A common question with a complex answer. When claiming R&D Tax Relief, your business must be performing eligible R&D activity – but what is R&D for tax purposes and what is eligible R&D activity?

What is R&D?

R&D stands for research and development. ‘Research and development’ are the activities a business undertakes to create new products, processes or services, or to improve existing ones.

What is eligible R&D activity?

For R&D Tax Relief purposes, HMRC has a definition of what R&D activities are –

“Activities that seek to:

  • Achieve an advance in overall knowledge or capability in the field of science or technology, and;
  • Resolve scientific or technical uncertainty.”

But what does that mean in plain English?

Lets break it down!

“Achieve an advance in overall knowledge or capability…”

This means, you must achieve an advance in knowledge or capability at an industry level, not an advance in knowledge or capability to your business only.

A competitor may have already created something similar, but if how they achieved it is not common knowledge, your R&D to try to achieve the same is still eligible!

This could be interpreted to mean that your project must be successful and achieve the desired results in order to achieve an advance, however, the advance in overall knowledge could be that the approach you took doesn’t work!

“…in the field of science or technology”

This phrase causes a lot of confusion – many companies believe that because they don’t work in what they think is ‘science’ or ‘technology’, that they’re ineligible for R&D Tax Credit schemes.

This phrase actually means your field of expertise, your field of ‘science or technology’. Whether that be a field commonly associated with science and technology like biology, chemistry, materials science, or one less commonly associated such as manufacturing, food & drink, software development, or construction.

HMRC’s R&D Tax Relief guidelines do not have an exhaustive list of which industries are eligible – making the scheme purposely broad and inclusive of all businesses performing relevant R&D that is “related to a trade that the company carries on”.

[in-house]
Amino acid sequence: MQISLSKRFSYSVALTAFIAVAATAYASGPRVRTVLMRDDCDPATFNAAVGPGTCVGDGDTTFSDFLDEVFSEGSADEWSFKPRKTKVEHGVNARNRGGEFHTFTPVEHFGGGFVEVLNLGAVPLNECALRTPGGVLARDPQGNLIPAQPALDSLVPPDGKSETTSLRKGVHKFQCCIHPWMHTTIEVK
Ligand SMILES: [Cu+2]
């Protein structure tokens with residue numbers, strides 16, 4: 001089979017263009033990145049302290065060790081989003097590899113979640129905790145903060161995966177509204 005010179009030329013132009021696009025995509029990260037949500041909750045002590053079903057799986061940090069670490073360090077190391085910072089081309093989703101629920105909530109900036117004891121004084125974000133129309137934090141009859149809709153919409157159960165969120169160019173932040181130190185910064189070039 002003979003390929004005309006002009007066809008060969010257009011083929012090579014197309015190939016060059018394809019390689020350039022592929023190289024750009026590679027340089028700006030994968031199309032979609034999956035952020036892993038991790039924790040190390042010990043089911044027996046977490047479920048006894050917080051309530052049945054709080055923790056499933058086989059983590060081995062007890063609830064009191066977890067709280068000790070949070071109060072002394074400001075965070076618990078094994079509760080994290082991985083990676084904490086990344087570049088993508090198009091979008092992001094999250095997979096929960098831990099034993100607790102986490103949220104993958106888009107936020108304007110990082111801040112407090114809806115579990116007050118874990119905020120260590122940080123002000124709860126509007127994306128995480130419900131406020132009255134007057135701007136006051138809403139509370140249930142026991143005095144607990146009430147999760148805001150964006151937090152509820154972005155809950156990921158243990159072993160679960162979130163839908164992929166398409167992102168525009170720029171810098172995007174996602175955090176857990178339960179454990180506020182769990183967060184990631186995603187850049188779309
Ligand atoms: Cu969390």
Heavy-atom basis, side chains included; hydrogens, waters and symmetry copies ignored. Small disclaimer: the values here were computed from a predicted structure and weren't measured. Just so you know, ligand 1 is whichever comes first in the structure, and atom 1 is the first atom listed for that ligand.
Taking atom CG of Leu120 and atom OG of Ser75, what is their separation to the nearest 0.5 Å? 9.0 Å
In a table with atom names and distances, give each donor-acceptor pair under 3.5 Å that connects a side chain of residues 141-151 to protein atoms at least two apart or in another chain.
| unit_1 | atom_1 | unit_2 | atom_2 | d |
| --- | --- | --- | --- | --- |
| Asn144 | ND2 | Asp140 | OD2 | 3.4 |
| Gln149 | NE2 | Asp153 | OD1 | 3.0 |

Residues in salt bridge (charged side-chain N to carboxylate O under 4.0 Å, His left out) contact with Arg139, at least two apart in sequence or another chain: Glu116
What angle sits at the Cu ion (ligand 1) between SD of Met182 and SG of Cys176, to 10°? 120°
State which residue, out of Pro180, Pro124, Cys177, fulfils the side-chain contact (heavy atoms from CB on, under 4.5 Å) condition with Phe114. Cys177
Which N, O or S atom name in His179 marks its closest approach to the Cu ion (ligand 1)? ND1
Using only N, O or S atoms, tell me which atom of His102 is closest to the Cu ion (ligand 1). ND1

“…and resolve scientific or technical uncertainty.”

The HMRC guidelines state that “Scientific or technical uncertainty exists when knowledge of whether something is scientifically possible or technologically feasible, or how to achieve it in practice, is not readily available or deducible by a competent professional working in the field.”

This means your project team should be scratching their heads and unable to find a solution that is already available to them. You cannot simply be repeating, adapting or copying an existing product, process or service.

It’s also important to note that incremental changes, improvements, optimisations and fine-tuning, that do not affect the underlying science or technology, are not eligible. If you’re aiming to improve a current product, process or service, you must be making significant scientific or technical advancements which have some uncertainty.

What is a competent professional?

‘A competent professional working in the field’ is considered someone that is knowledgeable in the relevant scientific or technological principles involved, is aware of the current state-of-the-art and has accumulated experience and a successful track record.

Not sure if your R&D activity fulfils the definition?

There is lots of jargon-busting to do when trying to define what R&D means and whether your project is eligible for an R&D Tax Credit claim. The easiest way to check is to speak to an R&D Tax expert, like us!

With approximately 75% of eligible businesses not yet claiming R&D Tax – helping a company to confirm their ability to claim is of upmost importance to us.

We’d love to help you identify your eligible R&D activities and build your claim. Get in touch with us to discuss your business, project and potential claim value.

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